Because the installer does not use a Resources folder, the localization files are embedded in the application. You can view and replace the string file for the Macintosh installer by picking “show package contents” – a dictionary of the name <language>.txt will be in the folder Contents/Resources. On Linux and Windows, developer tools are needed to embed or replace the dictionary file, so we recommend working on the Mac when localizing the installer.

Character Sets and File Encoding

Dictionary files should be encoded in UTF8 with no byte order marker (BOM). Use any unicode character from the following standard unicode ranges (excluding unprintable/control characters):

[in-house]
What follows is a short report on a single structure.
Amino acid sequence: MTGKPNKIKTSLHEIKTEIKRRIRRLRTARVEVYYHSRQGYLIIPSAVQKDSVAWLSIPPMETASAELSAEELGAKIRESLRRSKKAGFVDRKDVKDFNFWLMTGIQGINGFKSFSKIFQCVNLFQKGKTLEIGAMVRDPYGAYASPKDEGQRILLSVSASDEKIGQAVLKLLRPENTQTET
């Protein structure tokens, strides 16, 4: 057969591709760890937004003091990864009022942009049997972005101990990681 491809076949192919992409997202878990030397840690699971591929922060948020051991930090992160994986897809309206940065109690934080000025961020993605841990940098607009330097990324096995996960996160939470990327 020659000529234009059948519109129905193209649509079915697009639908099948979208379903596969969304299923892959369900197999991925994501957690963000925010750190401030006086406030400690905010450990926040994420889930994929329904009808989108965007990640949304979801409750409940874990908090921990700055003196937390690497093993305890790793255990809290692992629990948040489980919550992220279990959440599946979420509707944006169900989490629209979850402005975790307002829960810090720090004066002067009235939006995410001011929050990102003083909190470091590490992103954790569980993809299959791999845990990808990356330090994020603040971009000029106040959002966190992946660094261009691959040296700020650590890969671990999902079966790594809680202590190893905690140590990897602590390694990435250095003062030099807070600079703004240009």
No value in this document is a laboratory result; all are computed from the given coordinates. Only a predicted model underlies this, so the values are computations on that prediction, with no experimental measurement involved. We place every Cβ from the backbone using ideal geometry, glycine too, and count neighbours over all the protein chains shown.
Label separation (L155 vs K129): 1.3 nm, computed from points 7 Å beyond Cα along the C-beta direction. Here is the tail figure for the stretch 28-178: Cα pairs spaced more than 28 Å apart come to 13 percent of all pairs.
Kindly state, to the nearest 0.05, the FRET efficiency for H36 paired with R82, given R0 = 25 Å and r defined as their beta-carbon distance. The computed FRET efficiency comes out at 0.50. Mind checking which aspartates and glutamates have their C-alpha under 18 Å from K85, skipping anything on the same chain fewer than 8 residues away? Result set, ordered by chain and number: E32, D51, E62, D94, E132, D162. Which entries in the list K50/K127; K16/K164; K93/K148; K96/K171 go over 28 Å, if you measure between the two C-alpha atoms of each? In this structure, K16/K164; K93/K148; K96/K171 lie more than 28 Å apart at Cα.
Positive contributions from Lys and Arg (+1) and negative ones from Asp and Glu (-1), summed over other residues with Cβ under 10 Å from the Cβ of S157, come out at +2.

• Basic Latin (0x00-0x7F)
  • Latin-1 Supplement (0x80-0xFF)
  • Latin Extended-A (0x100-0x17F)
  • Latin Extended-B (0x180-0x1FF)
  • Cyrillic (0x400-0x4FF)

Text files should use Unix line endings.

Dictionary Syntax

The header for a dictionary file is:

A
900
TRANSLATION

Records

Following the header are a series of records, one per line.

A line starting with a # file is a comment.

A line starting with the token STRING followed by at least one space defines a string key pair. The format of the key pair is:

STRING<space><english>====<localized>

For example:

STRING Check Disk Space====Festplattenplatz prüfen

Warning: spacing is very important when making string macros. One space after the word STRING is consumed in parsing; all other spaces are part of the strings. Examples of consistent spacing:

STRING Check Disk Space====Festplattenplatz prüfen
STRING  Check Disk Space==== Festplattenplatz prüfen
STRING Check Disk Space ====Festplattenplatz prüfen